Although I can't prove this, I think Met management told Lepage to direct the operas primarily to look good on TV, even at the risk of compromising the show for the live audience at Lincoln Center. Let's look a bit more at this assertion, which has been, I think, denied by Met management.
First, let's consider how the machine looks in the home theater. When the machine is used to change the setting from scene to scene, we get lots of dramatic, impressive full stage shots. But as soon as the a new scene is established, the cameras move in and we get well-framed midrange, near range, and individual close-up shots. As we have also seen in other recent Met HDVDs such as Fanciulla del West and Carmen, few can equal the skill of the Met in producing opera video content (François Roussillion and Brian Lange are also on my short dance card).
With the Met cast properly photographed, the spectacular machine is kept in balance. First, even in full stage shots, the machine is far enough away so as to not seem foreboding in the home theater. Compared to the computer-generated projected images used by Das Fura dels Baus in the Valencia Ring cycle, the machine often appears to be relatively simple and serene with its clean lines. And in midrange or close shots, the set does not distract because you usually see only part of it. The result in that the machine on TV merely supports the singers in their story-telling. The same should also be said of the traditional costumes that have been cleverly updated to a "divine art deco" style that does not look old-fashioned to me.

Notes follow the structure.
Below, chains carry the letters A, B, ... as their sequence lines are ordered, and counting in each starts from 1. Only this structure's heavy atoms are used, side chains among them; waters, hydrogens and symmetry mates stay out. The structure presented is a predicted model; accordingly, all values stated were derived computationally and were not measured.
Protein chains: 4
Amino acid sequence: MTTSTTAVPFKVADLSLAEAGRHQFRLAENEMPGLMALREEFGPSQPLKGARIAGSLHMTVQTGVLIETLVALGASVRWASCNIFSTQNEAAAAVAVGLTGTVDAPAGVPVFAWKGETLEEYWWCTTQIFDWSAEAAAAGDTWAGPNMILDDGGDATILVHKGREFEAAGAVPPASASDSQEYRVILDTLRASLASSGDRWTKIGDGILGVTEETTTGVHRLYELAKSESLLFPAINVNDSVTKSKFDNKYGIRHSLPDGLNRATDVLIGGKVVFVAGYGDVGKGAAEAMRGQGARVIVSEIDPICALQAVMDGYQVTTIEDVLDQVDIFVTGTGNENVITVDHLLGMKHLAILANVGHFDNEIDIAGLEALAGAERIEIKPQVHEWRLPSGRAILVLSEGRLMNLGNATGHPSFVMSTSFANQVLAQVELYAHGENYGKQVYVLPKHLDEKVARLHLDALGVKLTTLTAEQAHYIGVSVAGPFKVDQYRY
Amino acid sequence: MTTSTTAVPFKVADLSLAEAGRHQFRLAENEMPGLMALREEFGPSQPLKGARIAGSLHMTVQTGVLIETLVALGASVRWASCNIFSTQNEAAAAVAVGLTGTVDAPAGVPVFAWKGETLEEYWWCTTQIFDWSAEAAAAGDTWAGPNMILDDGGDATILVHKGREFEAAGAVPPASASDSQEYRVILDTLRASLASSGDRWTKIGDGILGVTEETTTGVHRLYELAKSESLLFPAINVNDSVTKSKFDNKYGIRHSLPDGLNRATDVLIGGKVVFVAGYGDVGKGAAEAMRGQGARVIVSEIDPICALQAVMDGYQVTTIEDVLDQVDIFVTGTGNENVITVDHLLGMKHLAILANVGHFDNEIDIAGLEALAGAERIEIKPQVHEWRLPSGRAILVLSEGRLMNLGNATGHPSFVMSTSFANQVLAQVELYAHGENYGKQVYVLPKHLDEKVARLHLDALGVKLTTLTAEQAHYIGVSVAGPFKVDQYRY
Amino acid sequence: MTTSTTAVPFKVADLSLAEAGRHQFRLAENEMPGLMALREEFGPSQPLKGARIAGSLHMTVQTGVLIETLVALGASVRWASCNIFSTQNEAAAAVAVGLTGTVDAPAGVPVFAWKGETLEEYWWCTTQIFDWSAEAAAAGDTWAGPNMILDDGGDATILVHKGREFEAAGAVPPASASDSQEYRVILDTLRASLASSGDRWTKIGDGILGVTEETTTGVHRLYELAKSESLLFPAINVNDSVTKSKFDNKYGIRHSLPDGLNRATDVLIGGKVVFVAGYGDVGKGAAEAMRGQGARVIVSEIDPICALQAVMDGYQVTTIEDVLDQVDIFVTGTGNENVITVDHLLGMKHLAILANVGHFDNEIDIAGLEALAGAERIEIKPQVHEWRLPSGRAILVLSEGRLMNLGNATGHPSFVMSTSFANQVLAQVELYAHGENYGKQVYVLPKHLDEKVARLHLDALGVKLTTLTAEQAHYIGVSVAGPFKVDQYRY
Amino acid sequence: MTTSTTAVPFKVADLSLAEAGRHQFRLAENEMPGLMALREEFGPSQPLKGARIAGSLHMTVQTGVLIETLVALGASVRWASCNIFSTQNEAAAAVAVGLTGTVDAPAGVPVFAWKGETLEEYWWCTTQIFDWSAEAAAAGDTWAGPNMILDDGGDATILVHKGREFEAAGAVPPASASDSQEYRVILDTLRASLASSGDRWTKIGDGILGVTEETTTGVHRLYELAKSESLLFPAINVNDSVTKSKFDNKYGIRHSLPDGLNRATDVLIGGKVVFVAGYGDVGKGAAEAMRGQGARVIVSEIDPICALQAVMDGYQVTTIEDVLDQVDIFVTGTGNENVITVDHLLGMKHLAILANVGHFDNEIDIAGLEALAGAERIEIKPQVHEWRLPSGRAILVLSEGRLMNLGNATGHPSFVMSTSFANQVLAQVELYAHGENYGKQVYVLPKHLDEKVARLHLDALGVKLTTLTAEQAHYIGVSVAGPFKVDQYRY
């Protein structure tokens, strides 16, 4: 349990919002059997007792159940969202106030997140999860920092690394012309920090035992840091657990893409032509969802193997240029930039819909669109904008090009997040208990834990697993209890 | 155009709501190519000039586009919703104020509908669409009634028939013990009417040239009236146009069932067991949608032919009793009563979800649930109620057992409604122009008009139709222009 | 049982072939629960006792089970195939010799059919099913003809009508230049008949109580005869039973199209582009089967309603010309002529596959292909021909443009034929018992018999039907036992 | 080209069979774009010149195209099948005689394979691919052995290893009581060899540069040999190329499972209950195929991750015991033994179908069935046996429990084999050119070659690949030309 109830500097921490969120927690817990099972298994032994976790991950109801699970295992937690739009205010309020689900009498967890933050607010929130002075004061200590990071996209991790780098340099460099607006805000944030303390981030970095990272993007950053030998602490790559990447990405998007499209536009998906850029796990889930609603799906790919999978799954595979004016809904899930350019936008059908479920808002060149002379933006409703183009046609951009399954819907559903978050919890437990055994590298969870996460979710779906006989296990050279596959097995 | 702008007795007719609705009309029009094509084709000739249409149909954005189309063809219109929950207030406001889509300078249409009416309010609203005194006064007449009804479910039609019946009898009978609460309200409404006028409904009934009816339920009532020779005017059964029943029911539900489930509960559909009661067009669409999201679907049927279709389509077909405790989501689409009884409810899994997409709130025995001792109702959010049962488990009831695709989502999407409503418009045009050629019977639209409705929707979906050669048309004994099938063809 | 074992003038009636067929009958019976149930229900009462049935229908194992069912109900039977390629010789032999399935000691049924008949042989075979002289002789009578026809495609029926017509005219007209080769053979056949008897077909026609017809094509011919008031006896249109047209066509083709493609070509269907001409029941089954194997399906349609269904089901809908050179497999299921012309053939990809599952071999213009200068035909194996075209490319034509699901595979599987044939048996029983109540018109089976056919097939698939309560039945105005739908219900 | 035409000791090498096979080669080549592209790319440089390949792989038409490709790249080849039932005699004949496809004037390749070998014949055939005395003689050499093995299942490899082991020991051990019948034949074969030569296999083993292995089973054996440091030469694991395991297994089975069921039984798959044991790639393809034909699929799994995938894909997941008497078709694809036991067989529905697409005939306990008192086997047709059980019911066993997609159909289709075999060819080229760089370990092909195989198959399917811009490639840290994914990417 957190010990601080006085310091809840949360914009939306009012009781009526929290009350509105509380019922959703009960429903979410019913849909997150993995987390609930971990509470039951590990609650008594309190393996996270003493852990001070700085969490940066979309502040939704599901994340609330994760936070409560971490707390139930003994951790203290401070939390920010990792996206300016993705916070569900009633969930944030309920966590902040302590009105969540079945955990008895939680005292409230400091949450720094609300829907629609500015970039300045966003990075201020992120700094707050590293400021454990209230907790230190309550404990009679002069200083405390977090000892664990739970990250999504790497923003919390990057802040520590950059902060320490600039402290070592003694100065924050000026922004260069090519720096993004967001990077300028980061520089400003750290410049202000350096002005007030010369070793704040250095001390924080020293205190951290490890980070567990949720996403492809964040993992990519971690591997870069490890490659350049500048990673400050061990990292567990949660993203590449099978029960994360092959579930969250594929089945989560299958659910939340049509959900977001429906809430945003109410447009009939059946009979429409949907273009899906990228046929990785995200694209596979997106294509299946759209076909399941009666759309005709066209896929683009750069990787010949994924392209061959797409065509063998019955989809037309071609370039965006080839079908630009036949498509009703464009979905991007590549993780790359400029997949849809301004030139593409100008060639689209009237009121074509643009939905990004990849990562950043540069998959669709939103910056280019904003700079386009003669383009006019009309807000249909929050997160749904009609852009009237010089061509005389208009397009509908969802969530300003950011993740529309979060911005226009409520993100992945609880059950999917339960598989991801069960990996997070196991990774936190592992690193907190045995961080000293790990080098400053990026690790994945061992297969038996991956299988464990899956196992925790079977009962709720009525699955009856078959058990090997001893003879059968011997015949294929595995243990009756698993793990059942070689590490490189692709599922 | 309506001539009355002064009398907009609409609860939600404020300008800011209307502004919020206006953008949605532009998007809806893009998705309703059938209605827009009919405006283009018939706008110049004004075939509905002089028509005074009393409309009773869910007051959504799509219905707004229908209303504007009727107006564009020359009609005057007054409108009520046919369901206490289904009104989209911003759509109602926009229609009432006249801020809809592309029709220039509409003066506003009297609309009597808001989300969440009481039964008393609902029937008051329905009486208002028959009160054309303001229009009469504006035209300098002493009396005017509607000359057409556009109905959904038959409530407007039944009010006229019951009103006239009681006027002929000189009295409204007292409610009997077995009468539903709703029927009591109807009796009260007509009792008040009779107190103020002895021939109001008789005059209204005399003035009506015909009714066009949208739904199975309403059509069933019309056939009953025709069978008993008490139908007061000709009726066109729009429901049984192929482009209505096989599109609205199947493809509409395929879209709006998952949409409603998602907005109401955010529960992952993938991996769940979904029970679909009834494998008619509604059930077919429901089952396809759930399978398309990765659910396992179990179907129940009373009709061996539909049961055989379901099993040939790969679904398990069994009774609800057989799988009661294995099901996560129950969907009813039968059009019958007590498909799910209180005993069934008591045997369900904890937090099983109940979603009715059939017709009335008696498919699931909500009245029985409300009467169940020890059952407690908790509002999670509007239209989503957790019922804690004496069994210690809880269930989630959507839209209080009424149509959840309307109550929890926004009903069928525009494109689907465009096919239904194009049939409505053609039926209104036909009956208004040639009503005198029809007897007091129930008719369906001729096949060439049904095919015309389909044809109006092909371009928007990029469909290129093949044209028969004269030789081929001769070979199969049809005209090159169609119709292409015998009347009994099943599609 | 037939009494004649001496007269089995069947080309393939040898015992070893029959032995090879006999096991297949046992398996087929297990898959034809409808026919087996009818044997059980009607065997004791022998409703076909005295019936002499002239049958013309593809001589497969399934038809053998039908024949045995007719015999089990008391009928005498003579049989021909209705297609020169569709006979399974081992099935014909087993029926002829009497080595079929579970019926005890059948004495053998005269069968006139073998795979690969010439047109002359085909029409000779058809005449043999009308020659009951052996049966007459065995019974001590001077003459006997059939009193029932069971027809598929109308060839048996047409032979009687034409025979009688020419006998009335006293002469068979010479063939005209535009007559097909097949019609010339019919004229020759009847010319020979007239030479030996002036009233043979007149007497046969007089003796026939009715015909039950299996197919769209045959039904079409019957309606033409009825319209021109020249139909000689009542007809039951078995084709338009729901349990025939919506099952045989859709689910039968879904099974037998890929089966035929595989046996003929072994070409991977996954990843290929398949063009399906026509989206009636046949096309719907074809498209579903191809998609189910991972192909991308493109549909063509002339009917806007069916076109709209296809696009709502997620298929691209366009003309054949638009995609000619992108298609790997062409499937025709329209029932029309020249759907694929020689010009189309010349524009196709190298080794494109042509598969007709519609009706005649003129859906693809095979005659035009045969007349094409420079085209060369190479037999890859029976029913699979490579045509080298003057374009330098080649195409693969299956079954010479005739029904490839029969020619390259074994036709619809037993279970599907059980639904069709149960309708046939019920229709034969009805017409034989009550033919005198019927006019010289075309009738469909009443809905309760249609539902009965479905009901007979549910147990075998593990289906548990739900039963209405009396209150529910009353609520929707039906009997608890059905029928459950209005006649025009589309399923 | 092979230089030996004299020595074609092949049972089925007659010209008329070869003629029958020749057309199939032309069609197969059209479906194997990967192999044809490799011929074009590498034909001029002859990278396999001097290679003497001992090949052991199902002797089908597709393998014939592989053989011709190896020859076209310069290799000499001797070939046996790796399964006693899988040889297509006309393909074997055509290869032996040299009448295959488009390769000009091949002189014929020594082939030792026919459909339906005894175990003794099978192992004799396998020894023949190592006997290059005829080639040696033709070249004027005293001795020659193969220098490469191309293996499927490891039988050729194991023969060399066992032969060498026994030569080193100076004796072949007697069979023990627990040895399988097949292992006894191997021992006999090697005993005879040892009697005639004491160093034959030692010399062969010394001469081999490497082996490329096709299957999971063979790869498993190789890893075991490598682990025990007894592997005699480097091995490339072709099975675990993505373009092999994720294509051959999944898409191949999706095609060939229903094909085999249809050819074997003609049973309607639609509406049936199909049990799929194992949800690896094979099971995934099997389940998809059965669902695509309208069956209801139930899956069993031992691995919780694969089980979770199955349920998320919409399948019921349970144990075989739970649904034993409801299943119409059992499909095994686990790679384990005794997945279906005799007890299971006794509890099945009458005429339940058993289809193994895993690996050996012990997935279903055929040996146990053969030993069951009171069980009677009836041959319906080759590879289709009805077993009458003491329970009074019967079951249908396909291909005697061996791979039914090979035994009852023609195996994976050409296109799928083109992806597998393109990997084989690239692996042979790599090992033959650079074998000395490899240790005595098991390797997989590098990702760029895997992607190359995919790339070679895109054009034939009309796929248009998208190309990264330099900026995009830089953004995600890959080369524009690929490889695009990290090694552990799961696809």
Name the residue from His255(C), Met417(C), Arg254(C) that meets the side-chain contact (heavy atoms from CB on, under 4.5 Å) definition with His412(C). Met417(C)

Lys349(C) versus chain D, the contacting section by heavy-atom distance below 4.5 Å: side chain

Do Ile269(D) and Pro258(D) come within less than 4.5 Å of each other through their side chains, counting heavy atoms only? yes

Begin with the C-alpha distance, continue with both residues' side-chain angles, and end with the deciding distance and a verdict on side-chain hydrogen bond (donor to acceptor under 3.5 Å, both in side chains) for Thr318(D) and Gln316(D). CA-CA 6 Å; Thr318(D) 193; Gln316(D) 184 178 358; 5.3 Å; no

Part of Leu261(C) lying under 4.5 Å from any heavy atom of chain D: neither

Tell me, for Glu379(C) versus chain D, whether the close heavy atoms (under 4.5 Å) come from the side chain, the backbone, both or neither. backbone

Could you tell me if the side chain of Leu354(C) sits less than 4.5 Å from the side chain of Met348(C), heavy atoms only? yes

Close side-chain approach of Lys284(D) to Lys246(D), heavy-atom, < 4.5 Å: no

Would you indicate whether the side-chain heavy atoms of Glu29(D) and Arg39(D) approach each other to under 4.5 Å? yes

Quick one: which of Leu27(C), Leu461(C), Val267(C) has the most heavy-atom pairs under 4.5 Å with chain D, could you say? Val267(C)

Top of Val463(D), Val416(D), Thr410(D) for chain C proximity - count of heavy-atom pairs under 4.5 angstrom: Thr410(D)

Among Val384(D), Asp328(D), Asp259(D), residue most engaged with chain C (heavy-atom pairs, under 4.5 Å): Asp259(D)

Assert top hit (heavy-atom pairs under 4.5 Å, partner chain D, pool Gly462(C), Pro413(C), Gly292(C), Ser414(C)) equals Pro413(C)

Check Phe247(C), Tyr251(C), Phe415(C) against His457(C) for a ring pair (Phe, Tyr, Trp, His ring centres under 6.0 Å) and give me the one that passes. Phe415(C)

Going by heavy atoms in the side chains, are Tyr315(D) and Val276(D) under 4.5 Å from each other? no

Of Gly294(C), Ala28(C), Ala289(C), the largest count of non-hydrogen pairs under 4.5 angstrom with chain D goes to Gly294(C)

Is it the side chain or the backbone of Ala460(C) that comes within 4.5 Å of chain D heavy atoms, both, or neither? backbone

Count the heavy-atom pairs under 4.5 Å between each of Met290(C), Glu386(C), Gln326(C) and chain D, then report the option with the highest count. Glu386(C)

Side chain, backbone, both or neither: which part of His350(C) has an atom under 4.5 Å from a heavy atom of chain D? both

But now we get to the killer consideration: I think the singers were directed throughout to slow down and tone down their acting to fit on the TV screen. The normal tendency for opera singers is to exaggerate their actions and facial expressions to play to that big, live audience sitting so far away. But here the cast is singing to an audience of 4000 and acting to an audience of 1. Probably this seemed flat and unimpressive to some members of the live audience. But the impact in the HT is riveting---even mesmerizing. For example, in Act 2, Scene 2 of Die Walküre, Wotan and Brünnhilde have a 30-minute-long philosophical debate over the history and future of the cosmos. I saw this scene twice in my youth (Vienna State Opera and the Met), and both times I made a solemn oath that I would never again watch a Wagner opera. But when I see Terfel and Voight do this scene in my HT, I find myself sucked in and hanging on every word like a judge in a high-treason trial.
Lastly, I should mention something we usually take for granted: subtitles. The natural and clear English subtitles provided for this Ring are another example of the Met tradition of fine craftsmanship. (The English subtitles in both the Valencia and Weimar Ring sets are horrible.) The Met also provides the original German text, a big plus for anyone who wants to seriously study this work. German is my best foreign language. I can handle the German in the Richard Strauss operas pretty well. But for me Wagner's ornate and deliberately anachronistic German text is beyond the pale. To get deeper into the text of the Ring, I'll have to get the libretto and work through it with a dictionary.
To sum up: This Met production has by far the most believable and convincing characters of all the Ring operas I've experienced live or on TV. It's the first Ring production I've seen that makes me want to see it again and to learn more.